With the 2013 election over, Labor has the opportunity to regroup and plan for how it will win future contests.
Ever since Julia Gillard took over the Labor leadership in 2010, the party has appeared to be disunited over the question of leadership. With Rudd now having decided to step down as leader following his election defeat, the party has an opportunity to start afresh.
Traditional thinking would suggest that the person who becomes leader immediately after an election loss would not be leading the party to electoral triumph. After all, Labor has to win back about 20 seats at the next election. This is presumably an unachievable target after what was a heavy loss. On the other hand, Labor can take heart that the Coalition almost clinched victory in 2010, just three years after losing government.
Labor’s new leader must give the clearest indication that the party has moved on from the Rudd-Gillard battles. It would be ideal for the next Labor leader to be selected without a contest occurring, in order to present itself as a more united team and attempt to bury the memories of constant leadership tensions. Whoever becomes leader, they will have to marshal a weary Caucus and mobilise support to make Labor a vibrant and viable alternative government.
One silver lining in the party’s defeat was the fact that many of its newer generation of MPs were able to defend their seats. With that in mind, here are some prospective candidates for the party’s leadership.
One of the more controversial figures in Labor politics due to his involvement in backing Gillard in 2010 then Rudd in 2013, Bill Shorten has been representing the Victorian seat of Maribyrnong since 2007.
Having been in parliament for just six years, Shorten can be seen as one of Labor’s new generation of leadership possibilities. He has strong experience in union politics and has been the driver of some significant programs including the National Disability Insurance Scheme and the Better Schools funding scheme since Rudd’s return to the leadership in June.
Shorten, a major player in the party’s Right faction, was tipped to be a Labor leader by the likes of Bob Hawke even before he entered parliament. It remains to be seen, however, whether he would he wish to take the helm immediately after a heavy loss.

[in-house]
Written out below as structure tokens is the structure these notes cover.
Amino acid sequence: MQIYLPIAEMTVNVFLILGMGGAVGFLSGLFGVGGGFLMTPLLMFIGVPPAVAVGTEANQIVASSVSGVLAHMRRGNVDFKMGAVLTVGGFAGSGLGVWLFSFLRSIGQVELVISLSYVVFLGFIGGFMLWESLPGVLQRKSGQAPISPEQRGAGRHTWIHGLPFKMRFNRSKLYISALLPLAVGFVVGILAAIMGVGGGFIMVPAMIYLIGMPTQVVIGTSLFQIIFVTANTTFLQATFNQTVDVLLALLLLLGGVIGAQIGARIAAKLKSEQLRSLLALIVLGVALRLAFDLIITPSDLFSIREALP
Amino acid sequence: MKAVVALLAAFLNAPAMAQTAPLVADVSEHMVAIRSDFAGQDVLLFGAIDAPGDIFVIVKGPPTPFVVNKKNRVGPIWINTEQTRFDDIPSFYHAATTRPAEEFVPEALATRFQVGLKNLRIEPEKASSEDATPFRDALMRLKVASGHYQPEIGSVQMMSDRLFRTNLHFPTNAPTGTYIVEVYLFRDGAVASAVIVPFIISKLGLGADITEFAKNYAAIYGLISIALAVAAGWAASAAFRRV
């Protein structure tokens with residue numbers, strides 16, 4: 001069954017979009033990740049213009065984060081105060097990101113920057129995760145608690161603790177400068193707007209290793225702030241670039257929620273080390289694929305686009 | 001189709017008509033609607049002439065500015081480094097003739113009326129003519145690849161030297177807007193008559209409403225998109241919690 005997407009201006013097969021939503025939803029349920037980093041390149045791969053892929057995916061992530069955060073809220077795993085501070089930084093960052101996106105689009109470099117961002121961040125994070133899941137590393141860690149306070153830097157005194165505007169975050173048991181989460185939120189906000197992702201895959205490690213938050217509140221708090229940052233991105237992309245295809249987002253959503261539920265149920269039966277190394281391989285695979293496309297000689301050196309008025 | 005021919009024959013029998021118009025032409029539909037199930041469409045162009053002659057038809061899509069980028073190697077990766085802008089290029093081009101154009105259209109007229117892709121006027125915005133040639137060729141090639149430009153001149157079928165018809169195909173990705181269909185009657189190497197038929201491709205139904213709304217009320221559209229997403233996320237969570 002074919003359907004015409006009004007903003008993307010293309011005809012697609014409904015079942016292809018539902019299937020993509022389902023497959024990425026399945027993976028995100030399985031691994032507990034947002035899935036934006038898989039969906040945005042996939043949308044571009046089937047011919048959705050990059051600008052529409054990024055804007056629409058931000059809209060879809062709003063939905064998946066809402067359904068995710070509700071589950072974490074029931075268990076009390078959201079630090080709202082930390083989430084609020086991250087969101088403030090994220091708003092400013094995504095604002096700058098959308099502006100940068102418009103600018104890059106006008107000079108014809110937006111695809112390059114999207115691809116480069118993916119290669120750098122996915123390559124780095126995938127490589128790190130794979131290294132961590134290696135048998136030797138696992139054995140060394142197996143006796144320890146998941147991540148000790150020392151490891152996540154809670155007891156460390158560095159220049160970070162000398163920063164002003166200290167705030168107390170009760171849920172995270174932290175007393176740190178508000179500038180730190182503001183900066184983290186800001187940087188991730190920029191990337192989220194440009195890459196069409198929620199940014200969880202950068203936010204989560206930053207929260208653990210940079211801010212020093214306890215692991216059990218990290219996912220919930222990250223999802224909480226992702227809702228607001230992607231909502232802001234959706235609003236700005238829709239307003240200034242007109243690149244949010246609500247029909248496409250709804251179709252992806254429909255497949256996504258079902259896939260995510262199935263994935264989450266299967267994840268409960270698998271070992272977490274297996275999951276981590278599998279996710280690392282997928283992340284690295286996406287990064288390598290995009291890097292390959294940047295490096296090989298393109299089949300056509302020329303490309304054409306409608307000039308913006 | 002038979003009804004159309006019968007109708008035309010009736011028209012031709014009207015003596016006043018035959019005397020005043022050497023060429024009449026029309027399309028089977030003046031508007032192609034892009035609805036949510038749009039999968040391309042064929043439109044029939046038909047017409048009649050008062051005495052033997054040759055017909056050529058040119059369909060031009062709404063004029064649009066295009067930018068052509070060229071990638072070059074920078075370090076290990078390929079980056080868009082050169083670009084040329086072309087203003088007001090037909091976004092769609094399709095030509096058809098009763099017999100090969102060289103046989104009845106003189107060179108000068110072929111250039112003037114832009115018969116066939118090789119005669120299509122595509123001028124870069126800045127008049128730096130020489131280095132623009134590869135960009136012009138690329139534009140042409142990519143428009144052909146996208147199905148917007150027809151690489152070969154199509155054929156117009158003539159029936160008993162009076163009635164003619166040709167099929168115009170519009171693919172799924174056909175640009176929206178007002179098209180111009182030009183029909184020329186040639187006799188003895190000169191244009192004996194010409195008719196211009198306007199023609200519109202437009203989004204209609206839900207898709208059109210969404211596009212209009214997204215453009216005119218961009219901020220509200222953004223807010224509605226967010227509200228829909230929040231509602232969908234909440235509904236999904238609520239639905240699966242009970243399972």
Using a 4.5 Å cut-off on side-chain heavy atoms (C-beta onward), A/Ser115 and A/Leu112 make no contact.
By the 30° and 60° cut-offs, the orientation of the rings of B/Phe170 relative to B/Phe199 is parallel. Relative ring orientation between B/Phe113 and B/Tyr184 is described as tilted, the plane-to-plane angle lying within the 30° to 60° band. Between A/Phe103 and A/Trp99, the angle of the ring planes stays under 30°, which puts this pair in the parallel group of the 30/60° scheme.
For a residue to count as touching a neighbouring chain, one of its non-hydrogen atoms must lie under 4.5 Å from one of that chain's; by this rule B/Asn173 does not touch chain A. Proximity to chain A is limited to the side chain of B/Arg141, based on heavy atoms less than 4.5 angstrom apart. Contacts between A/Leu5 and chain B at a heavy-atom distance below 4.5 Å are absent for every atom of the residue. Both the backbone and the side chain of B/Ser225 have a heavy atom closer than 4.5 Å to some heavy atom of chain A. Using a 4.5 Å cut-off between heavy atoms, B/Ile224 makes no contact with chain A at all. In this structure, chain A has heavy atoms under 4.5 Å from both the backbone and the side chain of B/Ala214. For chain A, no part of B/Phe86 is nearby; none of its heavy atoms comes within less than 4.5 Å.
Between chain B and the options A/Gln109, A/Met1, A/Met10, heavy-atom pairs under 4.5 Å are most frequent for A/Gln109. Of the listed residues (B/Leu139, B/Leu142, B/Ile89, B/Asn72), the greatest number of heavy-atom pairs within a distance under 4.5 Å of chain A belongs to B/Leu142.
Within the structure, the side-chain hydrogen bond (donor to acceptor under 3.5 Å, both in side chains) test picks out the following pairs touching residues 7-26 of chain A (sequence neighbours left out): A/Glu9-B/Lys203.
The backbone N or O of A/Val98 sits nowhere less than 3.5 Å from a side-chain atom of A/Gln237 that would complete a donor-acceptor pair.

First elected to represent the federal district of Jagajaga in Victoria in 1996, Jenny Macklin has been in important leadership roles in the ALP. She was deputy to Simon Crean, Kim Beazley and Mark Latham and stepped down when Rudd first assumed the leadership in late 2006.
Macklin’s ministerial experience has been in the community services area and has generally been free from major controversies. In 2013, however, she was lambasted for reducing benefits to single parents while saying that she “could” live on the dole.
Macklin is from the Left faction of the party and is a long-shot in the Labor leadership contest.
Another mover and shaker from the Left faction is Anthony Albanese. “Albo”, as he is also known, has maintained his position as the Leader of the House of Representatives throughout the Rudd and Gillard leaderships. Under Rudd mark two, he also assumed the deputy prime ministership.
Seen as an affable and able figure, Albanese has evolved to be an elder statesman of the party. Like Macklin, Albanese began his parliamentary career in 1996, representing the Sydney seat of Grayndler. There has been speculation that he has been considering his future in politics but he has become a popular figure in the ALP.
He has a high public profile and is well-placed to become a solid post-election leader.
Another of Labor’s new generation, Jason Clare has been representing Paul Keating’s old seat of Blaxland since 2007. The now-former home affairs and justice minister arguably does not have the public profile of Bill Shorten and is seen to be a leader in the making - rather than a ready-made leader - at this time.
A member of the Right faction, Clare has been seen as a strong media performer and an important figure for the party’s future.
Elected in the “Latham election” of 2004, Chris Bowen was tipped to lose his western Sydney seat of McMahon at this election. He didn’t, and now the former treasurer is well-placed to be a major shaper of Labor’s future.
From the Right faction, Bowen has positioned himself as a force for reinvigorating Labor. His recent book, Hearts and Minds: A Blueprint for Modern Labor, made a case for reforming the party.
But, like Clare, Bowen may be seen to be a longer-term prospect for Labor rather than an immediate option.
A very experienced Labor figure, Plibersek has been representing Sydney since 1998. From the Left faction, Plibersek has been health minister since 2011 and has been seen by Labor as one of its best communicators.
While she has significant support from some quarters, Plibersek may be overshadowed by Shorten and Albanese continuing to attract the spotlight.
From the western Sydney seat of Watson is another from the class of 2004, Tony Burke, who has built a high public profile - most recently as immigration minister.
His parliamentary performances and track record as a minister have made many Labor insiders regard him highly. Like Clare and Bowen, he may be a future option for Labor.
While Rudd has resigned from party leadership, he remains in parliament. His performance while delivering the concession speech on Saturday night suggested he can remain upbeat even in the face of defeat. While chances of his return are slim, he has returned from oblivion in the past.
Despite the election loss, Labor still appears to have an experienced group of MPs to put into leadership positions. It remains to be seen how the party, and its new leader, will approach its turn on the opposition benches.